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Postharvest Information Network

Sunday, February 17, 2019

WSU-TFREC/Postharvest Information Network/Notes on the Relationship of Internal Browning and Titratrable Acidity in Fuji Apples

Notes on the Relationship of Internal Browning and Titratrable Acidity in Fuji Apples


To test the concept that Fuji apples with lower acidity are more susceptible to Internal Browning than those with high acidity.

Materials and Methods
A commercial packer of Fuji apples stored the fruit in CA from harvest to mid-March 1999. He reported that the room was loaded with fruit from 9 orchards over several days. Harvest ran from October 26 to November 3, 1998. Set point CA atmosphere was established 3 days after the room was sealed on Novermber 5. Air temperature was held at 34 F. Oxygen was held at 2.4 to 2.5% and carbon dioxide held below 1.0% until December 25, 1998, following which time it slowly rose to 1.5% by March 1, 1999 when the room was opened.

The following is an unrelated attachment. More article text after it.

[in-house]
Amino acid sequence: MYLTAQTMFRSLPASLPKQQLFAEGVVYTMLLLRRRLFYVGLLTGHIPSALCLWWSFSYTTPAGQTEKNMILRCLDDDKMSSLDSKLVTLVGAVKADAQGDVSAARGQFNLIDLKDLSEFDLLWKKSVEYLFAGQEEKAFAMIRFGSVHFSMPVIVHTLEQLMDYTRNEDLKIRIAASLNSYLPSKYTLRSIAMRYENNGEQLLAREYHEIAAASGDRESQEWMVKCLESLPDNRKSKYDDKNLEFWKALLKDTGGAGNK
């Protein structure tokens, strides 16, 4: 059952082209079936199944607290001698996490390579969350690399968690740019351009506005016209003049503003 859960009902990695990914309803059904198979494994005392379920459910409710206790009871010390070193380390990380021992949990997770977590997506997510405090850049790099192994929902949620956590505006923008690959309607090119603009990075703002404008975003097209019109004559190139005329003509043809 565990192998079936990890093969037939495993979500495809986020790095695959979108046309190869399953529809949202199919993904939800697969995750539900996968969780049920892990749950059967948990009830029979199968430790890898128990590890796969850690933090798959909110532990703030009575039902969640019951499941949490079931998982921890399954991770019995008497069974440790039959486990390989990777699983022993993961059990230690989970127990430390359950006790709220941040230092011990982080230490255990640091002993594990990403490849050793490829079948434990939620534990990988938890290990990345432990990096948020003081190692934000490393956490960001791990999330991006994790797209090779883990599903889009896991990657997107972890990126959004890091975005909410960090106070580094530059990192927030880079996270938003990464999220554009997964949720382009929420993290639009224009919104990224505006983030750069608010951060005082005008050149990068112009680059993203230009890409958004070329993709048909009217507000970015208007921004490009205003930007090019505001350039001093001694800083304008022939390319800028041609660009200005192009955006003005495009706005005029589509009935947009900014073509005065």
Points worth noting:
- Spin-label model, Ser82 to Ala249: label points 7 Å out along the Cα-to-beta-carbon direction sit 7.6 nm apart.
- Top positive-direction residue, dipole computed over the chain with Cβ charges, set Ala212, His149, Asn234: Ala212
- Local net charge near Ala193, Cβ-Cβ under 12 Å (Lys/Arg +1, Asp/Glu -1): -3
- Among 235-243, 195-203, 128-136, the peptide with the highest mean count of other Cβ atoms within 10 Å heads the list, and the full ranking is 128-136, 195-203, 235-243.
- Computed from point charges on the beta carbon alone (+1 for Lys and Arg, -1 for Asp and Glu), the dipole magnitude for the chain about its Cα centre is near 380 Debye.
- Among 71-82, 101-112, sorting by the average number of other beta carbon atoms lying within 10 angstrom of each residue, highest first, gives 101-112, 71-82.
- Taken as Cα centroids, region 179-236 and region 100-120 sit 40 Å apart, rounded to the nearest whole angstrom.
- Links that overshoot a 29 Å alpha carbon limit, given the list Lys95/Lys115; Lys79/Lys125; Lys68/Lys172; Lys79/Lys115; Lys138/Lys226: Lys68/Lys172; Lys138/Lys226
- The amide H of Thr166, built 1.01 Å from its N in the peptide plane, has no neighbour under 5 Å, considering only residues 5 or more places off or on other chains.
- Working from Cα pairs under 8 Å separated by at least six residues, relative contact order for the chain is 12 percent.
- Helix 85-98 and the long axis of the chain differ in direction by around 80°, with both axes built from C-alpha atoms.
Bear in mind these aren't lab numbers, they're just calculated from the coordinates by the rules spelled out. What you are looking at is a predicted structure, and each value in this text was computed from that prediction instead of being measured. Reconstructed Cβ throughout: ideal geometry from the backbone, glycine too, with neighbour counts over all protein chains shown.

When the room was opened, some fruit had watercore, some had internal browning and others had developed internal cavities. To determine the relationship between postharvest maladies and acidity the fruit were separated by orchard and harvest date, then tested for firmness. Then the fruit were further segregated by whether they had internal browning, cavities or watercore and tested for soluble solids and acidity.

Statistical analysis of the data revealed that post-storage internal browning was positively related to the amount of watercore after storage, and negatively related to the level of acidity. In other words, fruit with internal browning were characterized as having higher watercore, lower firmness and lower acidity than those not affected. Fruit with internal cavities had lower soluble solids. High acid fruit were firmer and had higher soluble solids than those lower in acidity. It is not at all clear why some fruit with watercore develop internal browning while others do not.

In summary it appears from these samples that those fruit that were less mature had less internal browning and less watercore. Maturity leads to lower acidity, less soluble solids, lower firmness, more potential for internal browning and cavities.

Dr. Eugene Kupferman, Postharvest Specialist

WSU Tree Fruit Research and Extension Center
1100 N. Western Ave., Wenatchee, WA 98801

October 1999

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